LONDON (Reuters) - “Top Gear” host James May said Thursday he would not return to the top-rated motoring show without co-host Jeremy Clarkson, who was sacked by the BBC last month for attacking a colleague.
May, 52, who hosted “Top Gear” with Clarkson and Richard Hammond, told British newspaper The Guardian that it would be “lame” to return to the program with a “surrogate Jeremy.”
“It has to be the three of us. You can’t just put a surrogate Jeremy in and expect it to carry on. It would be forced. I don’t believe they would be stupid enough to try that,” he said.
Earlier in the day, the BBC said on its website that “Top Gear” producer Andy Wilman “has quit the BBC show in the wake of Jeremy Clarkson’s departure”.
It added that Wilman “was an old school friend of Clarkson, helped reinvent the show and oversaw its growth into a globally successful programme.”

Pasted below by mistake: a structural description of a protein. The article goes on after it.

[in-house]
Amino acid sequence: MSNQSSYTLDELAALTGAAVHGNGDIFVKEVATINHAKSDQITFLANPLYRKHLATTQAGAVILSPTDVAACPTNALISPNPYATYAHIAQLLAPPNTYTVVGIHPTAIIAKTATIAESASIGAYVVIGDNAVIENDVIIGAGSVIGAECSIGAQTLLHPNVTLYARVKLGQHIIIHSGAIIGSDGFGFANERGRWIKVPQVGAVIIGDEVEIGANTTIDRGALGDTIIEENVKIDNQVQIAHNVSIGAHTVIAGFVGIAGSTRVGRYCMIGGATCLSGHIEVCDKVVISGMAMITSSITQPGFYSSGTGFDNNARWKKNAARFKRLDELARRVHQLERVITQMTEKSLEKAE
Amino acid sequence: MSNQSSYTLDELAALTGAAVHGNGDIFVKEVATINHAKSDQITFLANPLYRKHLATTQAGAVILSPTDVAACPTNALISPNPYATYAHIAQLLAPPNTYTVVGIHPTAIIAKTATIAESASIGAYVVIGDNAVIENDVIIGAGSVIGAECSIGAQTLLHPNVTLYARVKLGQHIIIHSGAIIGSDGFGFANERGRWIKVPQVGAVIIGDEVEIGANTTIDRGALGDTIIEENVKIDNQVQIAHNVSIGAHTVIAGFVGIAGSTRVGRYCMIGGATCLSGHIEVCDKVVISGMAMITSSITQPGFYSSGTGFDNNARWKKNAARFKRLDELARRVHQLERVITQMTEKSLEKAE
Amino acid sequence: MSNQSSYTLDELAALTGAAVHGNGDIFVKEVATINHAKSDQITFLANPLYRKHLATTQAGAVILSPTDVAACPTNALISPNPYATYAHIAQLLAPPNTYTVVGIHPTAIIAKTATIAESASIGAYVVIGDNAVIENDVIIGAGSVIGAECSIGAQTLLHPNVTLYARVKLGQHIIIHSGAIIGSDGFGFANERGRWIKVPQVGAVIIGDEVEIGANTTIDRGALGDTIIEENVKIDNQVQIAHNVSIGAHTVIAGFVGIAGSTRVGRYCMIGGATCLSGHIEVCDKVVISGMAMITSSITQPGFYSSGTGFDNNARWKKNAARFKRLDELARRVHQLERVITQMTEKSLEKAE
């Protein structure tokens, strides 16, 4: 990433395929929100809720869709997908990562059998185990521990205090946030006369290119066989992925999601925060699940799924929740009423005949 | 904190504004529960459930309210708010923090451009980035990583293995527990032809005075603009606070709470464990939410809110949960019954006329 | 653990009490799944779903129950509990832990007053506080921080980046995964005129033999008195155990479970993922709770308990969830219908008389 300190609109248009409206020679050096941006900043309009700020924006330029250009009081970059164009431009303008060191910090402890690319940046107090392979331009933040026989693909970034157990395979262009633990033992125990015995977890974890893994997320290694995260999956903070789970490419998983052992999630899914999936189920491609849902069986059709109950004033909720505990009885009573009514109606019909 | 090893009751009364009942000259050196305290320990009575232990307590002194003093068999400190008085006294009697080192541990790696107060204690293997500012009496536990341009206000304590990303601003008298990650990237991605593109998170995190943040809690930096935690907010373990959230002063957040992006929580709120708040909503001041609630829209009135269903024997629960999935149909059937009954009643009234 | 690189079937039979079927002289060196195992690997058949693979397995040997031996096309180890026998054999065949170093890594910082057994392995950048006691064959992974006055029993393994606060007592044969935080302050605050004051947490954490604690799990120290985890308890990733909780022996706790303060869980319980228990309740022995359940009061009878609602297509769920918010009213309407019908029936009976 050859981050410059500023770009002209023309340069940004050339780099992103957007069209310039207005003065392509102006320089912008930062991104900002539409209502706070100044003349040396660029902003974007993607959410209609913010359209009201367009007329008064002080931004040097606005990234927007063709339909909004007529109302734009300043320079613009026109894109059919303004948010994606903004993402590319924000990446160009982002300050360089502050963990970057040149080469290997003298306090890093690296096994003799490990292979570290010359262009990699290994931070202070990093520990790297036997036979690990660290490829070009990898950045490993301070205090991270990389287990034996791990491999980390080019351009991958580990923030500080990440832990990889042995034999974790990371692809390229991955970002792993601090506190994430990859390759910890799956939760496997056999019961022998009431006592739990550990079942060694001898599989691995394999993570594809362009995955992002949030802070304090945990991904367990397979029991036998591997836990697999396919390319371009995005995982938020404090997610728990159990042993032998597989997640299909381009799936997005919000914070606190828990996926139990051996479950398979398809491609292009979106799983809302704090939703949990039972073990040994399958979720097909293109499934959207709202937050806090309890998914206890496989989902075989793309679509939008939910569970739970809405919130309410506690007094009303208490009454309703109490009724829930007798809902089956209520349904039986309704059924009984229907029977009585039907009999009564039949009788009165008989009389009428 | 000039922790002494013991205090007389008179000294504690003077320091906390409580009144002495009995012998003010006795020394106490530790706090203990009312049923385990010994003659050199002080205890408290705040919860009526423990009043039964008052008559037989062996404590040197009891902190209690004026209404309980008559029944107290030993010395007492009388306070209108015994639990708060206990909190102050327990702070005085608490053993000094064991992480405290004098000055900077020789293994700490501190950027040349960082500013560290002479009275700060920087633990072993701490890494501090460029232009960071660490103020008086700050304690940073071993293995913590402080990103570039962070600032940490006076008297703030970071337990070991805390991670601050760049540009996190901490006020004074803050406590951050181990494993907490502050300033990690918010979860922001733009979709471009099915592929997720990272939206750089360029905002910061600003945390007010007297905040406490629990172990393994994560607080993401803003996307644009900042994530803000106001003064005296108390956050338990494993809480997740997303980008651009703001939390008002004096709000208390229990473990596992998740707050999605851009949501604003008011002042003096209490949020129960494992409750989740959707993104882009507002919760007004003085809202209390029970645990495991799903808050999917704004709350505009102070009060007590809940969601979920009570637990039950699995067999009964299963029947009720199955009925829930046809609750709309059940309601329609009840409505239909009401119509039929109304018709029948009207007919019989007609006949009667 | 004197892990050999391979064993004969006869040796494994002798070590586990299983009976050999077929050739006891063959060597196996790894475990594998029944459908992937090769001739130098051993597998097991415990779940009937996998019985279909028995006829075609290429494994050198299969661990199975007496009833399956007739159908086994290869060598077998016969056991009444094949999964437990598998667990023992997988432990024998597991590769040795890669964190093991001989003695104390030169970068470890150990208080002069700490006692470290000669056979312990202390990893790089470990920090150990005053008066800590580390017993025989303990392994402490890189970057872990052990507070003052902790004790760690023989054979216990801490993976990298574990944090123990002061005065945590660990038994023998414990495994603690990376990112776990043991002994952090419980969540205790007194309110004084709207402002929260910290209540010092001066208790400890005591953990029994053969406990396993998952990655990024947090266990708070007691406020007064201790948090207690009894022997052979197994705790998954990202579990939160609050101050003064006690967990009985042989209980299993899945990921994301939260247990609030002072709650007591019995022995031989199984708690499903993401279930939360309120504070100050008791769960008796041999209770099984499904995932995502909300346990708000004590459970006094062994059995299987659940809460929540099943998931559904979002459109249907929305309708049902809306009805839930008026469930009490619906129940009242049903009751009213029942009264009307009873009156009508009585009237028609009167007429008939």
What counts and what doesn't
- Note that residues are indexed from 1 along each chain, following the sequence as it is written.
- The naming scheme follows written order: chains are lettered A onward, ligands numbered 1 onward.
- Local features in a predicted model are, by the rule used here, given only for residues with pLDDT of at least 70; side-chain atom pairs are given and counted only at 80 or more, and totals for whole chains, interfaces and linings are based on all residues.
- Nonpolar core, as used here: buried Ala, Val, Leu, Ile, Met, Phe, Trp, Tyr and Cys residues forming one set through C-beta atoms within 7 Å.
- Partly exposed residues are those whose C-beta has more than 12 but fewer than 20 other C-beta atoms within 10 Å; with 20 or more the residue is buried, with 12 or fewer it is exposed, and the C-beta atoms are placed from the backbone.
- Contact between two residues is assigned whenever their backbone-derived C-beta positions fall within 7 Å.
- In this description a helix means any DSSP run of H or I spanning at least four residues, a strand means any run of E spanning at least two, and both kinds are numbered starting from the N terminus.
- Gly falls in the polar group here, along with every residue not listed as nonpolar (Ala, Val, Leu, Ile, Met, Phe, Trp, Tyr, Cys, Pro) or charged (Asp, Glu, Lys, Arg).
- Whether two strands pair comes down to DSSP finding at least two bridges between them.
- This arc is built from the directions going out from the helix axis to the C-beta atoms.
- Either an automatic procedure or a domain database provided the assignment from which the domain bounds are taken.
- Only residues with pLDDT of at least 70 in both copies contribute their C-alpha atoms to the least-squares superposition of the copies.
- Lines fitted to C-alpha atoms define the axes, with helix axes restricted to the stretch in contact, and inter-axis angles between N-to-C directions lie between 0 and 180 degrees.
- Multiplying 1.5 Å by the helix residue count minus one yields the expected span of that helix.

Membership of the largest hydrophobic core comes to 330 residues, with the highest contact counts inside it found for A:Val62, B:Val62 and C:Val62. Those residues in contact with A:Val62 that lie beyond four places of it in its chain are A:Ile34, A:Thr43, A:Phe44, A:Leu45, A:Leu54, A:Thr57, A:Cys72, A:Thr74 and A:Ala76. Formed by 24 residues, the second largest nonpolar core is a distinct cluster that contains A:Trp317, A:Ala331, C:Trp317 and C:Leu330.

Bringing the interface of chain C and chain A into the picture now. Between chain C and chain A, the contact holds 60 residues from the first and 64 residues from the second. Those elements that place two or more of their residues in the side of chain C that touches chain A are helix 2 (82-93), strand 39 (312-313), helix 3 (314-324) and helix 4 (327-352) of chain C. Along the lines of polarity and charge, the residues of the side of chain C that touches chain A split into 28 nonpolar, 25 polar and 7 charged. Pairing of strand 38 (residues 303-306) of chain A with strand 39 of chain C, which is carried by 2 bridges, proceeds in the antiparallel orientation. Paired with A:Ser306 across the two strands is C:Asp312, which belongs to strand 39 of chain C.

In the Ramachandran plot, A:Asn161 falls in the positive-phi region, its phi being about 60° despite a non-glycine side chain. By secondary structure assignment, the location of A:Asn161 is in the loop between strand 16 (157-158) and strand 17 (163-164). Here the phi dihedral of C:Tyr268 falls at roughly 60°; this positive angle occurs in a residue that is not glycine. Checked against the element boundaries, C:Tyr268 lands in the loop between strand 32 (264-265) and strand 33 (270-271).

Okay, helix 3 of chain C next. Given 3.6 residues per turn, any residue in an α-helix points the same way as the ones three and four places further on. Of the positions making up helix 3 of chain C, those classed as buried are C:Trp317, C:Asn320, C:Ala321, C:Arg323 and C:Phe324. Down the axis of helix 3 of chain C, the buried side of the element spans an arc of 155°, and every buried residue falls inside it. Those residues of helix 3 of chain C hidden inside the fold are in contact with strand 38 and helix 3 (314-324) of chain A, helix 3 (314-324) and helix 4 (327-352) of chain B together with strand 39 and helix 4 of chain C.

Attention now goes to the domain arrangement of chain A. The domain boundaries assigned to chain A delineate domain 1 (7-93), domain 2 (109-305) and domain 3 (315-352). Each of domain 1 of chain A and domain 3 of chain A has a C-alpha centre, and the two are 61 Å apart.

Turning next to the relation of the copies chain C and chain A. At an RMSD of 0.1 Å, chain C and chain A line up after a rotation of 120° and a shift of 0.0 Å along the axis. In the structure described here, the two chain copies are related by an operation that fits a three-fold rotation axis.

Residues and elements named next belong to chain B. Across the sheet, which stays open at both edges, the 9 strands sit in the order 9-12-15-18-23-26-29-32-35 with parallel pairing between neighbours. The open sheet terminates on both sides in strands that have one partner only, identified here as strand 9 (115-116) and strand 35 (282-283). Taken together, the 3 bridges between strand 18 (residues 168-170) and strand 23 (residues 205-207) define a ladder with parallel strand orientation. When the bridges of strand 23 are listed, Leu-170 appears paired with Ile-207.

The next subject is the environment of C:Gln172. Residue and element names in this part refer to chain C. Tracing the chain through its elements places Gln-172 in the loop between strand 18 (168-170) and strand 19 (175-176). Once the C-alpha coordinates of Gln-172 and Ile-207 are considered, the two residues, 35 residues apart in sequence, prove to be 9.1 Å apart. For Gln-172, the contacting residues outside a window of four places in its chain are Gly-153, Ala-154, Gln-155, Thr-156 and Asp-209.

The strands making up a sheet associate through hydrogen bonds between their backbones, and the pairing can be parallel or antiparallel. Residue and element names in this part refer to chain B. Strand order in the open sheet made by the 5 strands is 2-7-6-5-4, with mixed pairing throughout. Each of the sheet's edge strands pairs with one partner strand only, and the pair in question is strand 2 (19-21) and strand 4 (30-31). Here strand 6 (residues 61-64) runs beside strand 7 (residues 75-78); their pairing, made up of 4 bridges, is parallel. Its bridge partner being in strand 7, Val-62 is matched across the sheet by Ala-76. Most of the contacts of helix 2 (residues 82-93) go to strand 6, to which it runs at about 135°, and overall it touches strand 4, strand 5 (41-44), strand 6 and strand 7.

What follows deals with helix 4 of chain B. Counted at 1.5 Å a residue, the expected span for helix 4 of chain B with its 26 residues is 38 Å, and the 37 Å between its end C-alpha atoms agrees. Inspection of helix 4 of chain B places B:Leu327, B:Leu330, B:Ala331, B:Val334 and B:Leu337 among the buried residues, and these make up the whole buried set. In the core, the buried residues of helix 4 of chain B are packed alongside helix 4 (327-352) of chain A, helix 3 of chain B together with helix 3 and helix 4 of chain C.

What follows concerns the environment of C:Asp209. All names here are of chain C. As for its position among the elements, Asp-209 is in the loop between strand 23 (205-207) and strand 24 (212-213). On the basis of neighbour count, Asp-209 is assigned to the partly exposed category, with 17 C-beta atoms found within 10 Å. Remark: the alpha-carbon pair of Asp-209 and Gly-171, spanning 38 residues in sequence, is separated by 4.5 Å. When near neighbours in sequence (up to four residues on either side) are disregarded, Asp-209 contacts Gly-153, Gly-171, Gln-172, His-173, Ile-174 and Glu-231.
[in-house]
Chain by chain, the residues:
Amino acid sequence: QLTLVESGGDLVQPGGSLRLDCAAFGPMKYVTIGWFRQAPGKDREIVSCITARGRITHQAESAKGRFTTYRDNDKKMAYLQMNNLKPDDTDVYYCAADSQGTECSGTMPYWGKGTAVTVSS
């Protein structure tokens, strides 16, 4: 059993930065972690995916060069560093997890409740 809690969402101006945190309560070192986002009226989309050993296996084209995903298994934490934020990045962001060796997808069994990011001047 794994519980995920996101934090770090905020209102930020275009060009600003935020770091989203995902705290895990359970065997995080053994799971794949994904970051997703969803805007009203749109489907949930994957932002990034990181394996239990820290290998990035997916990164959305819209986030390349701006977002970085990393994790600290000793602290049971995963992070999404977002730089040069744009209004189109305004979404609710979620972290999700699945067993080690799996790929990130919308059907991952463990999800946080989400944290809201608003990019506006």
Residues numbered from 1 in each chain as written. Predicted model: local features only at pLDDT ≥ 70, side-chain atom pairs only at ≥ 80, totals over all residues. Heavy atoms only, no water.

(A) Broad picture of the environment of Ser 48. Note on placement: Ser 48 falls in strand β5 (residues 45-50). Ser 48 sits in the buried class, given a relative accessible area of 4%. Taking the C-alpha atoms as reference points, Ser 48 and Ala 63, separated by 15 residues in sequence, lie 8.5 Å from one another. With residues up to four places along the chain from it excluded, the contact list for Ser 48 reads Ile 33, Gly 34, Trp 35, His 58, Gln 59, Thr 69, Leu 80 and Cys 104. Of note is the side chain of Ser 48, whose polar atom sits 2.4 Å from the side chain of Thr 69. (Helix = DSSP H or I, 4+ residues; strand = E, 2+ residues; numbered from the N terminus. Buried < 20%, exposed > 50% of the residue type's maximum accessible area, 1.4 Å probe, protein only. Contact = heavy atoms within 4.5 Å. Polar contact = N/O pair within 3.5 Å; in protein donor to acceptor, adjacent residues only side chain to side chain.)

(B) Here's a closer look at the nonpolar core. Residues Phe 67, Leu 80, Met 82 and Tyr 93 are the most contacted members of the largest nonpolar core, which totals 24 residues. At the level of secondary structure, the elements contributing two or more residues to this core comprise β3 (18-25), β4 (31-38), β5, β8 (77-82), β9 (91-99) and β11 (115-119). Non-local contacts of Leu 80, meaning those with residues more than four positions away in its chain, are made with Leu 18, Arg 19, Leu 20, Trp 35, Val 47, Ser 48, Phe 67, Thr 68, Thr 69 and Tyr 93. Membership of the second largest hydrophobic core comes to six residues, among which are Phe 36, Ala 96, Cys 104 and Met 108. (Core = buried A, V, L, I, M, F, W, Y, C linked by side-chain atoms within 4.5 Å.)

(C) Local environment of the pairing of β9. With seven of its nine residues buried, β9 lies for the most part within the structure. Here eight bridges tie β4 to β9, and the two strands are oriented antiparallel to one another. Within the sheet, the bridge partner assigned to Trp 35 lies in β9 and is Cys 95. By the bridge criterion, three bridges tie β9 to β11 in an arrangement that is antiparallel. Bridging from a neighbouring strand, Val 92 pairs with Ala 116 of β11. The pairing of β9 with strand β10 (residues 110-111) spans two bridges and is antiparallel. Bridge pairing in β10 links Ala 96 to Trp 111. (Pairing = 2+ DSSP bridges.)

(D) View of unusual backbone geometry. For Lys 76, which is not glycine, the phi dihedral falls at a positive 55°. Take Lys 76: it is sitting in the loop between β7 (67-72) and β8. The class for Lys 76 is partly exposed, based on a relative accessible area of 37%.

Wilman had previously denied he was leaving when a leaked email suggested he was, the BBC said.
Clarkson, an opinionated and outspoken media figure, was suspended by the BBC in March after he was involved in a “fracas” while on a shoot for the show, which is syndicated around the world and is one of the BBC’s most successful and lucrative programmes.
Just over two weeks later, the BBC announced it had dropped Clarkson, saying he had been responsible for an “unprovoked physical and verbal attack” that left a colleague bleeding and in need of hospital treatment.
A BBC investigation found that Clarkson had subjected Oisin Tymon to a 30-second physical attack following a sustained verbal tirade, after which Tymon sought medical help.
Clarkson, who had generated both controversy and profits for Britain’s publicly funded broadcaster, had been on a final warning over accusations last year that he had used racist language while filming the show.
Last October the show sparked a diplomatic incident between Britain and Argentina, which went to war in 1982 over the Falkland Islands.
A Top Gear television crew was forced to flee Argentina after driving a Porsche 928 GT with the registration number H982 FKL, which some people suggested could refer to the Falklands conflict.
Reporting by Michael Roddy, additional reporting by Piya Sinha-Roy in Los Angeles; Editing by Andrew Roche and Cynthia Osterman